“Since I was a child, my whole life has revolved around music. It’s often while listening to a song that ideas for my fashion collections formed,” Slimane once said.
HEDI SLIMANE AT CELINE
In 2018, Hedi Slimane became creative director for Celine. Following the rebranding direction, Slimane dropped the French accent for Céline, as well as dropping Paris from the name, making it simply Celine. Slimane roused mixed reactions for his personal incarnation of Celine – some deifying the designer and praising his return, while others heavily reprimanded the Saint Laurent-ification of Celine, as Slimane imposed his signature slender style onto the French brand.
“The less I explain, the better I do. Honors are important for others. What interests me is doing things”. – Hedi Slimane
Some have criticized Hedi Slimane‘s work at Celine, claiming that he missed the mark and produced an outdated version of what today’s youth represents. In 2021, in a radical attempt to regain his spot in the fashion industry, Slimane turned to TikTok, partnering with influencers who had become known for their “E-boy” style. The resulting show took on a colorful and casual style noticeably different from Slimane’s past work, shedding the monochromatic rock n’ roll styles for bright yellow Vans-inspired shoes, loose floral pants, bucket hats, and fanny packs. While some saw this as a refreshing change, others saw it as an attempt to chase after a trend.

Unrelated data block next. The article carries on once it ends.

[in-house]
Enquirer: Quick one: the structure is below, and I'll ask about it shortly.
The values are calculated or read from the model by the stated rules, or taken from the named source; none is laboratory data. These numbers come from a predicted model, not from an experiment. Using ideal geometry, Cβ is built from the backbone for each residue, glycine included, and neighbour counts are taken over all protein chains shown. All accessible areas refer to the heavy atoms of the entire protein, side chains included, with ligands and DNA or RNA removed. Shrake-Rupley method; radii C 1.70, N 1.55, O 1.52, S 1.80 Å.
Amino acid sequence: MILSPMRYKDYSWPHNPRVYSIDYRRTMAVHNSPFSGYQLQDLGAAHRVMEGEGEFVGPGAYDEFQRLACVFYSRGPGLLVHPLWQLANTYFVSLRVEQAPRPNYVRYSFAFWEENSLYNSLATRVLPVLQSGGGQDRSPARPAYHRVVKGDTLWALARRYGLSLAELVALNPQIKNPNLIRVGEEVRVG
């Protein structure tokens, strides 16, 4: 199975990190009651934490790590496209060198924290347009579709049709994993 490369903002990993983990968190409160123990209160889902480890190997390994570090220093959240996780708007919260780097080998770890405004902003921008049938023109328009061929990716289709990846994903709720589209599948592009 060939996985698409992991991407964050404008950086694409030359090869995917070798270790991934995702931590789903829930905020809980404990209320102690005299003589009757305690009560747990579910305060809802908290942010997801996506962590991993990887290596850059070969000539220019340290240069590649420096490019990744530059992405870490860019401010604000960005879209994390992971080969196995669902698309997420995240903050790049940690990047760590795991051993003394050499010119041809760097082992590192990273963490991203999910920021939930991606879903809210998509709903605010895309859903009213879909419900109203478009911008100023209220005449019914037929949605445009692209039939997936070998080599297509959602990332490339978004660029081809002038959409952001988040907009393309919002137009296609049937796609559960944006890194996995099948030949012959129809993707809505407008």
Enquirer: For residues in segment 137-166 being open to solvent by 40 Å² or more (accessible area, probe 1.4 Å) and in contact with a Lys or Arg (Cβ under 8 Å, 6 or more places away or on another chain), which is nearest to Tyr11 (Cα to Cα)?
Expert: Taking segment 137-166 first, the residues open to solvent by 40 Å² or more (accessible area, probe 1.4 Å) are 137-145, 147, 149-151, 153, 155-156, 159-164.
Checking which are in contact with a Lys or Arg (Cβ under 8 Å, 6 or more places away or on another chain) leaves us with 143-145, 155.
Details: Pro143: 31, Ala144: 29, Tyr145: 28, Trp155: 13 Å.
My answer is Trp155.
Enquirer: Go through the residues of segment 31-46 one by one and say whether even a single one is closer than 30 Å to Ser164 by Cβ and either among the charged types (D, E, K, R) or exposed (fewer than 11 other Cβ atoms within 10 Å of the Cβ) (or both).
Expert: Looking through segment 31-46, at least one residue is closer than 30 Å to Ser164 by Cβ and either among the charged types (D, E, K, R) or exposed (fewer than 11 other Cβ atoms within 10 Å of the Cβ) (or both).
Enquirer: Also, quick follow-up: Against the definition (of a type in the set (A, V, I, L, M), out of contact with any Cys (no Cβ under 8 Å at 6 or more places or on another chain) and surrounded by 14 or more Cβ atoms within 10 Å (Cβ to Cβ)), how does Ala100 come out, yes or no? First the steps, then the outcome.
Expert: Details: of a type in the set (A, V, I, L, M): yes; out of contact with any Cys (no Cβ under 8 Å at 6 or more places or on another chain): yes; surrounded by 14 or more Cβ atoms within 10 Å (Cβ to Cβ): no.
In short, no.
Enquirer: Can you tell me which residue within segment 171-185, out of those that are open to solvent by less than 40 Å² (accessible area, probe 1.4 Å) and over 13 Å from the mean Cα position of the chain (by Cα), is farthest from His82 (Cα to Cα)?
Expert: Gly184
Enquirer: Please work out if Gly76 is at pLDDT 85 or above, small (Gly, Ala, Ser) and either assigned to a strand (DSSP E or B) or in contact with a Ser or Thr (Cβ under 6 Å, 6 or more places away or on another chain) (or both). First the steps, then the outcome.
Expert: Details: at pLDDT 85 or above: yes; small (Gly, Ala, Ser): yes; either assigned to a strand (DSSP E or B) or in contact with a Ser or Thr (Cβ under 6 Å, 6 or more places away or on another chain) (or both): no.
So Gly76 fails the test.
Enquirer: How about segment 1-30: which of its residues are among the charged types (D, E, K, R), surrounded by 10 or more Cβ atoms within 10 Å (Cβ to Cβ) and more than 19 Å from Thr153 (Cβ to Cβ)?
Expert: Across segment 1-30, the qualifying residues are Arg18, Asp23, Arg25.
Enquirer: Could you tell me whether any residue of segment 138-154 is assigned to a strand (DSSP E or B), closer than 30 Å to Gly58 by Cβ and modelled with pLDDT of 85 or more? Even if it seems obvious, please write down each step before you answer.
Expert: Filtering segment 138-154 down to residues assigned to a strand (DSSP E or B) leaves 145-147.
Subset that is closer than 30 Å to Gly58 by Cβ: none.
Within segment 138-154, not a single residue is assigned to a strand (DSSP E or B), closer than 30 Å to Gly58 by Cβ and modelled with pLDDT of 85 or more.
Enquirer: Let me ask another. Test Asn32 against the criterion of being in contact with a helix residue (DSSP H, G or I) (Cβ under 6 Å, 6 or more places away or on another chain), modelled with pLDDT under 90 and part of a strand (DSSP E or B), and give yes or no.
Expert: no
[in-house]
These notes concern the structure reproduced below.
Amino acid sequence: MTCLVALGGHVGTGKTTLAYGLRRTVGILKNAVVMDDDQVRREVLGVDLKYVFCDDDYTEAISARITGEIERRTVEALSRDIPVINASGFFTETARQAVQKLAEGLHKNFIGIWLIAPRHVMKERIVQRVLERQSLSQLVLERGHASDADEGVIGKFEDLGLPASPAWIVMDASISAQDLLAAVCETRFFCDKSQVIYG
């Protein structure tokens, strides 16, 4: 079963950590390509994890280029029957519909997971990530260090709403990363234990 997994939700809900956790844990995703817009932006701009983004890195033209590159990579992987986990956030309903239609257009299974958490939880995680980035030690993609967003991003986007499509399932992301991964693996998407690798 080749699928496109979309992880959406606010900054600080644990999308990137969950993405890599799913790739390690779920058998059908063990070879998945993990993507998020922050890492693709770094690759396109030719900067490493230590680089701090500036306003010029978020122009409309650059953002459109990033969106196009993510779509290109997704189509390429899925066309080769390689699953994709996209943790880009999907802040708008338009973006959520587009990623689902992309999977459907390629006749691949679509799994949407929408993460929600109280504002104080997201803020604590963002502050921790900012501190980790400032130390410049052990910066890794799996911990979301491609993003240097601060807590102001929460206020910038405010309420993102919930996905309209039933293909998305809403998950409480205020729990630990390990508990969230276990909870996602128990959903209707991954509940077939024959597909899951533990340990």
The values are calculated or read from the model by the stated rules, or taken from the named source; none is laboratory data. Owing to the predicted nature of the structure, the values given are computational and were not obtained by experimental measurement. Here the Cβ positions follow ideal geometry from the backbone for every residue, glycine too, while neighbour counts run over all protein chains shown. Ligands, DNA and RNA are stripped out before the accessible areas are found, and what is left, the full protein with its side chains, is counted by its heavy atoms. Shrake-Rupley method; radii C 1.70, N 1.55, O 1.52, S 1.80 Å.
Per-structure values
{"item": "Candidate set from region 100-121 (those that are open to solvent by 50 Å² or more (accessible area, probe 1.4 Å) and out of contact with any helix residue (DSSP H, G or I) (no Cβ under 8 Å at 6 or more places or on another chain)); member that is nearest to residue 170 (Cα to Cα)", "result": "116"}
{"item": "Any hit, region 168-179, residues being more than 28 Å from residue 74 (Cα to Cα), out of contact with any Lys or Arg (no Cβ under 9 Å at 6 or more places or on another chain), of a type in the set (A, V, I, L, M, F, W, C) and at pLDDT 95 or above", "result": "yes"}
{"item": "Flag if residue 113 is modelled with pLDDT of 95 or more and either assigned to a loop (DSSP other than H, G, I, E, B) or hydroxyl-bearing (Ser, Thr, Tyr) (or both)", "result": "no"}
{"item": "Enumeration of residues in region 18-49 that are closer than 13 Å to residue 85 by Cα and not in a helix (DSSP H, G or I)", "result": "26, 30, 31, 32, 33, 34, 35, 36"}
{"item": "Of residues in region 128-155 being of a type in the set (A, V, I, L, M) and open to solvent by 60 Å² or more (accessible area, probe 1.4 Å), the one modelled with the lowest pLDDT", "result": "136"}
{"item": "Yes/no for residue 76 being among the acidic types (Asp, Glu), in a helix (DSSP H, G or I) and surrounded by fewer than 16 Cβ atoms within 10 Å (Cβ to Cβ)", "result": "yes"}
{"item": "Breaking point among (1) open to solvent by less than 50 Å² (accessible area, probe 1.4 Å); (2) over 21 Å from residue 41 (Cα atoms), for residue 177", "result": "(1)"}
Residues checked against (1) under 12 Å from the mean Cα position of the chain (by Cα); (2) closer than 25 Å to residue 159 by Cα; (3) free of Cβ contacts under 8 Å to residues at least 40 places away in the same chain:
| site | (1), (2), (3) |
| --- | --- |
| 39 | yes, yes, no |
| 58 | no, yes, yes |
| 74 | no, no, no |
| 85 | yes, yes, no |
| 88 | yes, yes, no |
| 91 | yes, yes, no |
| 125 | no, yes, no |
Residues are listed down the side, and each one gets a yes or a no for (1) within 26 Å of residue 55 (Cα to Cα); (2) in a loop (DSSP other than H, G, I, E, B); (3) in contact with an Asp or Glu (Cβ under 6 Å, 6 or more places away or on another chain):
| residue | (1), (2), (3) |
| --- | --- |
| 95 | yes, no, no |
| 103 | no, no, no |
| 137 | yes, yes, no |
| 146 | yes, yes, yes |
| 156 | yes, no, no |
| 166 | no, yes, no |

However, for Celine’s Autumn/Winter 2023 runway show, Slimane returned to his signature styling and rock n roll influence. After a five-year sojourn wherein he decamped to Paris and St Tropez, Slimane came blazing back to the City of Angels with Celine’s first physical show format since before the pandemic, accompanied by a rock concert, featuring live performances from Iggy Pop, The Strokes, and Interpol, plus a DJ set from The Kills. Slimane’s runway represented all the style codes that he has created for himself over his 30-year career.
WILL HEDI EVER LAUNCH HIS OWN BRAND?
Despite his undeniable success at the helm of major fashion houses such as Dior Homme, Saint Laurent, and Celine, some have questioned Hedi Slimane’s creative desires and whether he will ever launch an eponymous label. Slimane has never had his own brand and has denied rumours over the years that he has the intention or desire to launch one. Instead, he has essentially created his own brand under the names of others, infusing his style and influence into the houses that have employed him. From dark, skinny suiting at Dior Homme to rock n roll styling at Saint Laurent and Celine, Slimane has threaded his codes into each brand’s DNA. It remains to be seen if Slimane will ever step out with his own eponymous label or continue to shape the industry from within established fashion houses.